Most of us like to think of parasites as something only animals are bothered with. Sadly, that’s not the case. Below are five of the most disgusting parasites that infect human beings (due to the extremely disturbing nature of the images of patients suffering from the below-mentioned parasites, the images of all respective parasites have been included instead of the patients).
Screw Worm Fly
Unlike most maggots, this variety of fly larva is known for eating the healthy, living flesh of its host. The females lay hundreds of eggs in the broken flesh of humans and other animals. The navels of newborn animals are a well-known favorite.
This fly gets its name from the fact that the larvae screw deeper and deeper into the flesh of the host, often causing horrible nerve damage or death.
Fortunately, this fly has been eradicated in many countries and is on the run in several others.
If you thought warts were an affliction and while there are literally a dozen different types of warts, the common wart is actually a specific wart type itself. The most likely place you will find a common wart is on the hands, fingers, and arms. But we digress. Take a look at the chigoe flea.
This voracious little bloodsucker usually burrows deep inside of human feet, creating an irritating blister that itches and burns. Soon the area becomes callused, but a black dot will remain in the center. This is the flea’s hind legs and reproductive organs.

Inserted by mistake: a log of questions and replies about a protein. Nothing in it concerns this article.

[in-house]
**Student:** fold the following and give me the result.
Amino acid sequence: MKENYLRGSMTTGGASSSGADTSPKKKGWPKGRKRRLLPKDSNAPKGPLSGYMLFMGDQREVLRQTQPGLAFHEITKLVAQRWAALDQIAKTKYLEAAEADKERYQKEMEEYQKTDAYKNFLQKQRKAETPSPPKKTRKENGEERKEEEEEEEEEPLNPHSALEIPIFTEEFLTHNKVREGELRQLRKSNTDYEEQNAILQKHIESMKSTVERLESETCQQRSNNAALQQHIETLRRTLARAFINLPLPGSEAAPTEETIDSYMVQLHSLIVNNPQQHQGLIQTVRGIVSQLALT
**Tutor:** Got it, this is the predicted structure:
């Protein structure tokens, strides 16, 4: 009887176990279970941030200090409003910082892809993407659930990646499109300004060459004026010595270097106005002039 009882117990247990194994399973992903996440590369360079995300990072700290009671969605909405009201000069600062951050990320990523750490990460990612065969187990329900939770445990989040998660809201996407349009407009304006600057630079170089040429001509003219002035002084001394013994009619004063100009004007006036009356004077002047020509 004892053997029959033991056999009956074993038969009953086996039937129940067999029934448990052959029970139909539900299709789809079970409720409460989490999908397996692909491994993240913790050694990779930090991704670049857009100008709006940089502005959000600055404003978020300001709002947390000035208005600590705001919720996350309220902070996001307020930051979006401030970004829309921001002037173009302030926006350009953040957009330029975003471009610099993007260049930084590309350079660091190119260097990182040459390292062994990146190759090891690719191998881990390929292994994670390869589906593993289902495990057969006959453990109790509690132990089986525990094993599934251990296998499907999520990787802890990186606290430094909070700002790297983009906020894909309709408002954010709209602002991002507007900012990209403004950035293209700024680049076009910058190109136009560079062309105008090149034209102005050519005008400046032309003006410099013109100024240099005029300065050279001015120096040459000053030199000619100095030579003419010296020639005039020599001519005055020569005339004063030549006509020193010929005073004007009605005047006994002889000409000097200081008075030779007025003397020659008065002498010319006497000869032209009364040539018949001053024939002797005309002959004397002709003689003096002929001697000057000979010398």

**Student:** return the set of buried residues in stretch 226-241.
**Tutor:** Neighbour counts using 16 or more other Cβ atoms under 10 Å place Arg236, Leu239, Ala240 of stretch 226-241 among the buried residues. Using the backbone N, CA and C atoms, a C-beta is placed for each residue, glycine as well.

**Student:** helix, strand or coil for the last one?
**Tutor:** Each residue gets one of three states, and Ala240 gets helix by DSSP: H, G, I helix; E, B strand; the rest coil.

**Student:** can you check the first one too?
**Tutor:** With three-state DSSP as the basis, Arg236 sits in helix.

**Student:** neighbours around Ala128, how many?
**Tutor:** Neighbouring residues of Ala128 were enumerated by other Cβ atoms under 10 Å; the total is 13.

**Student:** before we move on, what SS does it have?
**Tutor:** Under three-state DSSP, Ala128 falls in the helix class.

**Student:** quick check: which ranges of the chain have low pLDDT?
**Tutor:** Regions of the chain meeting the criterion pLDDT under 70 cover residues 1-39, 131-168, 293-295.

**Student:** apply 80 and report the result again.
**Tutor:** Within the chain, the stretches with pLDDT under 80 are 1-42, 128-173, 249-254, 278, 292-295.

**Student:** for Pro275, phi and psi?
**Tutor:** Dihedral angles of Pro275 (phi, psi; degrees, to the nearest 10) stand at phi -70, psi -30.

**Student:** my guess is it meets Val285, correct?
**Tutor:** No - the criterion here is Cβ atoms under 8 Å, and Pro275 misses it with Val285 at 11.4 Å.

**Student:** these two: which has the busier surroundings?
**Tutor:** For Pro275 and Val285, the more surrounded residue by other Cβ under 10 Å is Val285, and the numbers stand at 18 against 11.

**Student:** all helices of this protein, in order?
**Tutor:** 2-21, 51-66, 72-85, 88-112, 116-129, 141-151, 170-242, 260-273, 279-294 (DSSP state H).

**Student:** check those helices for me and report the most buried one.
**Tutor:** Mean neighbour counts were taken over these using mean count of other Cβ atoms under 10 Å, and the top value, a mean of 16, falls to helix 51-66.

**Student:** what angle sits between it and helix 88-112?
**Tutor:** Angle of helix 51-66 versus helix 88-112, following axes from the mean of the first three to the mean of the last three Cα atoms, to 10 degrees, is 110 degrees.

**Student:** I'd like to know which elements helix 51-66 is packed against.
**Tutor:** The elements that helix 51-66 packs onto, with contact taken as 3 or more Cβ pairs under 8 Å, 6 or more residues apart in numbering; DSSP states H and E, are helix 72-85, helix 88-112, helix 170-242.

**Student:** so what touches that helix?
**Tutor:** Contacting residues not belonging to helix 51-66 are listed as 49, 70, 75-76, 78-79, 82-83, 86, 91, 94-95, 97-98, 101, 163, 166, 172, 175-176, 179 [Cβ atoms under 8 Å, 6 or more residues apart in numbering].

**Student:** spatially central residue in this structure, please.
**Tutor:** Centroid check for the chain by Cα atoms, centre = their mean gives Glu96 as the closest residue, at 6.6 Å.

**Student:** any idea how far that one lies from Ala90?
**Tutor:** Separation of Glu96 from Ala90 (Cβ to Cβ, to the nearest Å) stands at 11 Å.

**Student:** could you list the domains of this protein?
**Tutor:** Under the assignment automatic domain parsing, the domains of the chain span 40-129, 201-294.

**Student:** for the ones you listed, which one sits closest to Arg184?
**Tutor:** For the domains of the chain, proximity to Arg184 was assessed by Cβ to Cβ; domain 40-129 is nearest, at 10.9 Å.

The female will eventually release her eggs through the hole in the callus, giving her hatchlings an opportunity to infect other unsuspecting humans. The flea then dies inside its human host.
The human botfly is a disturbing parasite that has a complicated method of infecting its human host. The female grabs a mosquito or tick and deposits her eggs on the blood-feeding anthropoid‘s body. Once released, the mosquito or tick goes about its typical business.
Botfly eggs are very sensitive to heat, and when they sense a warm body nearby, they hatch. The larva will either use the bite from the vector or a hair follicle to gain entry to their new host. Once inside, they feed and grow.
The human host experiences pain and discomfort in the area, and they can often feel the parasite moving around under the skin. The human body understands that the botfly is an unwelcome house guest and responds by upping the white blood cell count.
This leads to pressure around the afflicted area and a great deal of pus. The best way to remove the parasite is to stop up its breathing holes with grease. This forces it to evacuate the pustule, and it can then be pulled out the rest of the way.
The guinea worm enters humans through stagnant drinking water. The guinea worm parasite then lives undetected within its human host for a year before migrating to the lower limbs and creating a blister. Humans often soak the blister for relief from the pain, and this gives the worm an opportunity to lay eggs in water.
The only way to treat the parasite is to slowly pull it out over the course of days or weeks. The exposed end of the worm is typically tied to the gauze or a stick to keep it from slipping back inside of the host.
Ascaris is another nematode, but this one is much worse than the guinea worm. This parasitic worm lives within its human host quietly until it decides to migrate. These worms can travel from the small intestine to the lungs and throat through the blood and lymph systems, causing cough, fever, or bloody sputum depending on where they end up.
Some brave worms even try to exit their human hosts through the nose or mouth. Surgical removal is required for large worms.
Parasitic invaders are somehow much more terrifying than bacterial or viral infections, perhaps because we can actually see these creatures. Needless to say, clean water and bug repellent deserve to be celebrated!